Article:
Stroke Rehabilitation with Chiropractic Care
Cerebrovascular accident (Strokes)
In the United States more than 700,000 people suffer a stroke, a cerebrovascular accident (CVA) each year, and approximately two-thirds of these individuals survive and require rehabilitation. The goals of rehabilitation are to help survivors become as independent as possible and to attain the best possible quality of life. Even though rehabilitation does not “cure” stroke in that it does not reverse brain damage, rehabilitation can substantially help people achieve the best possible long-term outcome.
What is post-stroke rehabilitation?
Rehabilitation helps stroke survivors relearn skills that are lost when part of the brain is damaged. For example, these skills can include coordinating leg movements in order to walk or carrying out the steps involved in any complex activity. Rehabilitation also teaches survivors new ways of performing tasks to circumvent or compensate for any residual disabilities.
Chiropractic Neurologists specialize in treating disabilities related to motor and sensory challenges and impairments. Dr. Fred Clary is trained and teaches nationally all aspects of anatomy and physiology related to normal function, with an emphasis on movement. Frederick Clary, D.C., D.I.B.C.N trains other chiropractors in examining the stroke patient’s strength, dynamic equilibrium, muscle firing patterns, muscle antagonist – agonist balance, endurance, range of motion, gait abnormalities, and sensory deficits to design individualized rehabilitation programs aimed at regaining control over motor functions.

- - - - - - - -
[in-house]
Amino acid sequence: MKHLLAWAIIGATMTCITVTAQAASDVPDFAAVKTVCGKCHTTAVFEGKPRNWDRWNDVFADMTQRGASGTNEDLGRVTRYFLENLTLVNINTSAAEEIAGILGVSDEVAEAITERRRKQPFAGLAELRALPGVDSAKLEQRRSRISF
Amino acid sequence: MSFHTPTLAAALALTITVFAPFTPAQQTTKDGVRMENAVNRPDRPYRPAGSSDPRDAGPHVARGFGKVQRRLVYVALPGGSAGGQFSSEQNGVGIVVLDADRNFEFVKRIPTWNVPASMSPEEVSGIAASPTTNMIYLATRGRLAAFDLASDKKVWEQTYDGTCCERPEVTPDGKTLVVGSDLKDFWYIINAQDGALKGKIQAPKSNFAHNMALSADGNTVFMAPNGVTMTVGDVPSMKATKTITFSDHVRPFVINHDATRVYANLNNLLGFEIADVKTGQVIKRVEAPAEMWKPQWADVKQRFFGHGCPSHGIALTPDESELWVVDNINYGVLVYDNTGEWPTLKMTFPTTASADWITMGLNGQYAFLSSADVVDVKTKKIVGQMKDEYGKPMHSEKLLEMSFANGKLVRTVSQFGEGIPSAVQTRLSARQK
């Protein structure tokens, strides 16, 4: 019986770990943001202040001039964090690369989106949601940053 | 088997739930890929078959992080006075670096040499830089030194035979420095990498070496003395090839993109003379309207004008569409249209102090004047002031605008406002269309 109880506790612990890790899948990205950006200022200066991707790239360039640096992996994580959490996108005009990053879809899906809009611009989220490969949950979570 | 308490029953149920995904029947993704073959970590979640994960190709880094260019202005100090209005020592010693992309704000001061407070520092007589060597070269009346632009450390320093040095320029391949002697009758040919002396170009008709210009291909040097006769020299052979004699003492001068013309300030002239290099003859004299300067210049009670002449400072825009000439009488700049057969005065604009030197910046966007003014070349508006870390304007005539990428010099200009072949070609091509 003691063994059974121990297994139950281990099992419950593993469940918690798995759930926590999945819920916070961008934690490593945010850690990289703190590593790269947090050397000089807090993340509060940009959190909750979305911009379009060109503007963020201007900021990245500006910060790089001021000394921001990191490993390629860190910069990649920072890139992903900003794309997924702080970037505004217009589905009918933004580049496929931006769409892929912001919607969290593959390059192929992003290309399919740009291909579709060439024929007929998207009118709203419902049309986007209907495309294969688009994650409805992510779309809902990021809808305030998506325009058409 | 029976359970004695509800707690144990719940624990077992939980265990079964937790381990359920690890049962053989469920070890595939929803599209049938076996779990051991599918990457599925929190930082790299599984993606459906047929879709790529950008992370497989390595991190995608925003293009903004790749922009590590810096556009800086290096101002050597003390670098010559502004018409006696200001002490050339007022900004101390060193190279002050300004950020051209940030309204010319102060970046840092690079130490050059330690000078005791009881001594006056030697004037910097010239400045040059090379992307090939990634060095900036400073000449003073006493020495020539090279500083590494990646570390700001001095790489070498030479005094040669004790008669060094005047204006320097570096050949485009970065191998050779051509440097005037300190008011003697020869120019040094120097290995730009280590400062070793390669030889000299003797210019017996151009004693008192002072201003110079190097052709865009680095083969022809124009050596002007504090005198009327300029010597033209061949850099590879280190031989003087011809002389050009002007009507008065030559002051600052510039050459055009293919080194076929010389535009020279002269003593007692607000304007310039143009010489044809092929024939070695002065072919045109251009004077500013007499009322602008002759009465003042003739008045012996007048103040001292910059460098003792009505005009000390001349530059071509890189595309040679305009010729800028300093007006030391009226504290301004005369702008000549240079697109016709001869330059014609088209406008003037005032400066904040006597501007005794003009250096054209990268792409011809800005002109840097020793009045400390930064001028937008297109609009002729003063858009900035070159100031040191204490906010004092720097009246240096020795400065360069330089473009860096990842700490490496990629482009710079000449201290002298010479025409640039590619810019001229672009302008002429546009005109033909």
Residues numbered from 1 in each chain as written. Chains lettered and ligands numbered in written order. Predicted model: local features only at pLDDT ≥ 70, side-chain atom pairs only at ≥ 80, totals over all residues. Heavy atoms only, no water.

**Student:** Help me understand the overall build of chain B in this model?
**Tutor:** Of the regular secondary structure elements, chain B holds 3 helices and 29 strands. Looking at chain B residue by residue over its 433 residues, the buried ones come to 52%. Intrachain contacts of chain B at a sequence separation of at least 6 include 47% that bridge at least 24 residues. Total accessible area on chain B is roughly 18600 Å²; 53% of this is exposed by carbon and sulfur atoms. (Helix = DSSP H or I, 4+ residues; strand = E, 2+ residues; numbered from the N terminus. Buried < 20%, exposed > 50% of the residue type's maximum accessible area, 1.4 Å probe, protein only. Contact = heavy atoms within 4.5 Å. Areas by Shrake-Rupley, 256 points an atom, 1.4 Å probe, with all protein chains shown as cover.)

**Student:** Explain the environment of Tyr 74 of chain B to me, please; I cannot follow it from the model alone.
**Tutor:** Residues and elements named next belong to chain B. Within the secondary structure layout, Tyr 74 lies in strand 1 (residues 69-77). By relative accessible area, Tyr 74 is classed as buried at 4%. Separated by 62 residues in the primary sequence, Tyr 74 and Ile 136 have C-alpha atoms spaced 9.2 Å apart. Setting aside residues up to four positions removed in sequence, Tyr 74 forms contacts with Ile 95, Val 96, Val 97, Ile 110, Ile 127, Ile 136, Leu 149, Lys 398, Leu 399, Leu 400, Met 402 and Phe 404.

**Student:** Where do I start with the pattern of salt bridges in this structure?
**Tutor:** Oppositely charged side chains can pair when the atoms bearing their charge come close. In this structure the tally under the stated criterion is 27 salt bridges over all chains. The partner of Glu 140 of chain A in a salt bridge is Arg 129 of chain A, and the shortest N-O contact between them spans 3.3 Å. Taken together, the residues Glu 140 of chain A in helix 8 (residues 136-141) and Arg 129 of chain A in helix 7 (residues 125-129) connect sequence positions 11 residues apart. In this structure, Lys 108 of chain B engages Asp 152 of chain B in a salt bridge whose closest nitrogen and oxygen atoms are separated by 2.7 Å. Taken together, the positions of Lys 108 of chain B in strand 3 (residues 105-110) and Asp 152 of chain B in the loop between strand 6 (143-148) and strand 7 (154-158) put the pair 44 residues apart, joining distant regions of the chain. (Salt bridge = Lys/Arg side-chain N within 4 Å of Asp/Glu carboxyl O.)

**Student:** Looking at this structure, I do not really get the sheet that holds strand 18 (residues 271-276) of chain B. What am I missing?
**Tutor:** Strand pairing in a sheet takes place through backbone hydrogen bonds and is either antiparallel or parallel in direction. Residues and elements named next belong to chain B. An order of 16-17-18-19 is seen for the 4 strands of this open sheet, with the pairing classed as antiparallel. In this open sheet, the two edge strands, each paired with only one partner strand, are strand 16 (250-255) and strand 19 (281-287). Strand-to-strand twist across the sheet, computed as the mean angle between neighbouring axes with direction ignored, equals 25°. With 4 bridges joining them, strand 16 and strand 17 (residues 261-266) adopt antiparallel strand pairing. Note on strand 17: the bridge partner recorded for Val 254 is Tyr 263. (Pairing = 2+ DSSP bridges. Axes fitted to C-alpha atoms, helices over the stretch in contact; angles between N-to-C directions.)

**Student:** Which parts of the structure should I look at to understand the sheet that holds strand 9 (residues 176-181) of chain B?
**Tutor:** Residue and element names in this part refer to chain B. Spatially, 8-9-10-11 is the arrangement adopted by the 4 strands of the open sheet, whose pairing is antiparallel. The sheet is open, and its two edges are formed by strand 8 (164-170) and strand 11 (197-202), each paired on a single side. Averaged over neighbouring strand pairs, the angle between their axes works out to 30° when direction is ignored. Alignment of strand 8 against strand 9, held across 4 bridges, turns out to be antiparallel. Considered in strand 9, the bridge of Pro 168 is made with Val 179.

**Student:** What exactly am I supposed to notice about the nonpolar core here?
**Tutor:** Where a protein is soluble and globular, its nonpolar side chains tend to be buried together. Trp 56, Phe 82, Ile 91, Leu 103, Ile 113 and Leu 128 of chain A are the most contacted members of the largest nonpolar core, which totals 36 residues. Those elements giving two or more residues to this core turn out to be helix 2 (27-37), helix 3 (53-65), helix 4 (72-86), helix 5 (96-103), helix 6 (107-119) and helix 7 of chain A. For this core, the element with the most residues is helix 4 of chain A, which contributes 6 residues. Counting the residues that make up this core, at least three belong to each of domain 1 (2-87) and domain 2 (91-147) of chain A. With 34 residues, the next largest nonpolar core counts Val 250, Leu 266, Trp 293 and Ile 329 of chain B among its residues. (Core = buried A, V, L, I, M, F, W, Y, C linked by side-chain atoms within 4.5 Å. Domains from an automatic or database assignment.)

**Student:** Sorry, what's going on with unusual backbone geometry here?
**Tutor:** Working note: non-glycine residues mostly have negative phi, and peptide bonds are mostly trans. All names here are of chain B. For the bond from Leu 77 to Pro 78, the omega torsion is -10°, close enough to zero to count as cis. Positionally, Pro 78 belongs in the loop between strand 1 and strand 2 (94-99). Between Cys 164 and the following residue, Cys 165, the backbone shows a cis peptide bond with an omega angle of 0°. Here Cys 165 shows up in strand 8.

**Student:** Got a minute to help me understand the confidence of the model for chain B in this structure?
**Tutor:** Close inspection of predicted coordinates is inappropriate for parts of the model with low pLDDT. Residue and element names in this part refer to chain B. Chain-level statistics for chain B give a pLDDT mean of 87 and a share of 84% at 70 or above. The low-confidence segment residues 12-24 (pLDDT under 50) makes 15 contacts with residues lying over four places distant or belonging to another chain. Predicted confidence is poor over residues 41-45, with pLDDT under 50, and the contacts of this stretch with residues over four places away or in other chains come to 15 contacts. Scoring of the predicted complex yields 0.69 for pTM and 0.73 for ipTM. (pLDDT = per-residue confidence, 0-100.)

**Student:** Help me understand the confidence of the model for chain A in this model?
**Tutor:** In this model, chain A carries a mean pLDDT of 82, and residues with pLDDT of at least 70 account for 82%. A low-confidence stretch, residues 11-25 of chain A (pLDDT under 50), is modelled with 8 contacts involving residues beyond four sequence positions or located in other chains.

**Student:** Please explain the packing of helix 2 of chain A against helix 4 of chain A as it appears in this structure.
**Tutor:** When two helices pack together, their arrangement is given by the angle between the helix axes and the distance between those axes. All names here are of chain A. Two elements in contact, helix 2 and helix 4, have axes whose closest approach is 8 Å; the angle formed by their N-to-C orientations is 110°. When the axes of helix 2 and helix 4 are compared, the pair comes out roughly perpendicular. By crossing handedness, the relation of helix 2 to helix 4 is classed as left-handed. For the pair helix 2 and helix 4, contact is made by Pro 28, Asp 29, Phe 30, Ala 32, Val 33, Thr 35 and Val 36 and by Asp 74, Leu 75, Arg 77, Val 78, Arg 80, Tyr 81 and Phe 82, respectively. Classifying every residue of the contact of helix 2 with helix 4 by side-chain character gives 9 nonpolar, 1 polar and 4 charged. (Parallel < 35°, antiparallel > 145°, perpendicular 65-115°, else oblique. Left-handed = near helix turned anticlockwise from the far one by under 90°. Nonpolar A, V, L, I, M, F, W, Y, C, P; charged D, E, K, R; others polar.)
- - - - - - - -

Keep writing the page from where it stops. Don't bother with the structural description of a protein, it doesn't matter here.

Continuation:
Dr. Clary can help stroke patient’s recuperate and save the use of stroke-impaired limbs, teach compensatory strategies to reduce the effect of remaining deficits, and establish ongoing exercise programs to help people retain their newly learned skills. Dr. Clary focuses on “saving the muscle’ within a impaired limbs, a behavior called learned non-use. However, the repetitive use of impaired limbs promotes brain plasticity (the brains ability to adapt and heal) and helps reduce disabilities and can ‘awaken and save’ certain normal movements.
Treatments used by Dr. Fred Clary to encourage the use of limbs include selective sensory stimulation such as tapping or stroking, active and passive range-of-motion exercises, vibration, muscle firing pattern retraining, and positional release hold. Dr. Clary also utilizes forced use of the effected limb by practicing motor tasks. Dr. Clary’s approach promotes brain reorganization and recovery of function.